By: Oberst von Berauscht (Two Beers) –
On the Island of Tanna in the South Pacific, the Melanesian people live very much like they have for as long as they can remember. And for as long as anyone can remember, marriages have been arranged among the tribes as a way of tying together allegiances. Love-Marriage is mostly unknown, until tribesman Dain and tribeswoman Wawa defy their parents and sleep together. The relationship directly impedes the plans of Wawa’s family, who had planned to use her marriage to the son of the leader of a rival village as a way of cooling recent violent tensions that have resulted in multiple deaths. Effectively banished from the village, the couple soon find themselves hunted by members of the rival village, who are seeking vengeance for perceived disrespect.
Directors Martin Butler and Bentley Dean shot the entirety of Tanna in the languages of the people from the island, while living among the people and using them as actors as they went about their daily business. The film borrows its story from the true story from their history, and immerses you deeply into the culture of the people. The film is beautifully shot, utilizing the stunning jungle and volcanic landscapes of the island of Tanna to full advantage. By that token, though, the film never feels like it is intruding too far into the lives of the people, but rather allowing them to offer a piece of their lives for the camera. There is nothing intrusive or exploitative here, which is always a danger when using non-actors in a film. The film also has a sly sense of humor on occasion, most notably in sequence in the film where the two wander seek asylum at a camp of Christians, whose behavior weirds them out enough that they decide they would rather risk life and limb elsewhere than stick around.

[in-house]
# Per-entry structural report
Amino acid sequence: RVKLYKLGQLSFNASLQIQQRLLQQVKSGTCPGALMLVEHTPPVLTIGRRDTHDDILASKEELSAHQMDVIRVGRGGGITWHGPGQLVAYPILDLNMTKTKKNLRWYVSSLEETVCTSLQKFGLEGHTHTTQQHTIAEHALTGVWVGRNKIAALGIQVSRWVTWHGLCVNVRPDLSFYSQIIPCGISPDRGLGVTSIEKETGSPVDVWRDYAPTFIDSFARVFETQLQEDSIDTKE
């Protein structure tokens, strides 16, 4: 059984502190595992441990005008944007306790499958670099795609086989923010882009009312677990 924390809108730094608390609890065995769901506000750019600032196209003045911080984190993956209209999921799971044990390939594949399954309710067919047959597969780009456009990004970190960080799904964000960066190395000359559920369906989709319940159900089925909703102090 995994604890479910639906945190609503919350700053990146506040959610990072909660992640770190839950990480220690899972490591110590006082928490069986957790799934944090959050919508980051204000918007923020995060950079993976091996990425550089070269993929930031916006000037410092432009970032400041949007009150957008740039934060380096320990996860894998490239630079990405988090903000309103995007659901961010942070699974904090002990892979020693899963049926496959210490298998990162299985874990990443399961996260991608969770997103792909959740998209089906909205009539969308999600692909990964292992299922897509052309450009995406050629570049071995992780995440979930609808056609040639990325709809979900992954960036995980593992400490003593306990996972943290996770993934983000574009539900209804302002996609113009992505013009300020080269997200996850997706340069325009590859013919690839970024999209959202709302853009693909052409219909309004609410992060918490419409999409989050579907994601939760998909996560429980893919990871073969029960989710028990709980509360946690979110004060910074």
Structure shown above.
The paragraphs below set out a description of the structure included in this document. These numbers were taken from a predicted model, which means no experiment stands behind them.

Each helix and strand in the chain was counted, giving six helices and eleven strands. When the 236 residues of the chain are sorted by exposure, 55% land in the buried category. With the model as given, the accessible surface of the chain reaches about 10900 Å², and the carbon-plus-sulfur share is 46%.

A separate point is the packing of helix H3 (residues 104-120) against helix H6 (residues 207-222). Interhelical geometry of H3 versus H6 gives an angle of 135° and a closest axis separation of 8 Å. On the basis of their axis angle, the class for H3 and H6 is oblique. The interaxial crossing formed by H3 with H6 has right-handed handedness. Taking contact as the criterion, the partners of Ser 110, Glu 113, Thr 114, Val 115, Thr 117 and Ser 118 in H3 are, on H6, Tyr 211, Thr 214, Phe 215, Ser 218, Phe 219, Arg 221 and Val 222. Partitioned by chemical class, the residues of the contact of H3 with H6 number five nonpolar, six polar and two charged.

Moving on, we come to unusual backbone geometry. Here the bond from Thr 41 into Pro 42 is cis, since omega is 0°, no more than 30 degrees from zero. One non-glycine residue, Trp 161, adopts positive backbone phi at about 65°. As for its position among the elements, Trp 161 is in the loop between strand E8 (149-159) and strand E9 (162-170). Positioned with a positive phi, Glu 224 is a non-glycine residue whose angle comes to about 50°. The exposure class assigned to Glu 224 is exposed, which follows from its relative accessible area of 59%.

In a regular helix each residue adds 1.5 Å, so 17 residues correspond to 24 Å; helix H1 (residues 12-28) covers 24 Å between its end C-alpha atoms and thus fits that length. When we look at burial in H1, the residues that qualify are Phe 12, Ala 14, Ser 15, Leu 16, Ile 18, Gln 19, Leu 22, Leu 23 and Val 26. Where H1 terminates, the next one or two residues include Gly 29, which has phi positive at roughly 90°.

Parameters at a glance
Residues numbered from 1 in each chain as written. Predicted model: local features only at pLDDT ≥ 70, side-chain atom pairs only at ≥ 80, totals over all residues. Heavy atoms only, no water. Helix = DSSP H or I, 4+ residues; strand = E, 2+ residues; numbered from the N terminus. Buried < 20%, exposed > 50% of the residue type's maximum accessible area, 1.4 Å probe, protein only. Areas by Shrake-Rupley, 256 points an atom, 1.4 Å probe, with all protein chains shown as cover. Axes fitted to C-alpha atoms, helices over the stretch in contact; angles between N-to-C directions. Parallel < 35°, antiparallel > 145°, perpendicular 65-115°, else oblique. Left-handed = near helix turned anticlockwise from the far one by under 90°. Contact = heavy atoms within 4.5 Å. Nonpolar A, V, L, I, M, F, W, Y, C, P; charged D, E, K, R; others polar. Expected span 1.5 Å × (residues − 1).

The story Tanna tells is a good, simple base to work from for a group of non-actors, as it is pulled from their own history and reflects Western notions of the Shakespearian Tragedy. This allows it to be easily absorbed for audiences of numerous backgrounds, but it also doesn’t feel like it is digging particularly deep in terms of the island’s culture. It has the feel of the director/screenwriters hand-picking elements of the Melanesian people that are relatable to Western audiences. The result is the film sometimes can feel to be at a bit of a distance from its characters and emotion. Fortunately the chemistry between the two principle lead performers carries a lot of dramatic weight.
It seems so strange how a modern day Romeo and Juliet story comes from the least modern of places. But that’s what Tanna is, and it’s a thing of beauty.
Tanna (2016) Drinking Game
Take a Drink: for casual nudity upsetting your Western Nouveau-Victorian sensibilities
Take a Drink: whenever you get a subtle hint of the year the movie actually takes place, and realize how unimportant that is in the big picture.
Do a Shot: for penis sheaths
Do a Shot: for crazy Christians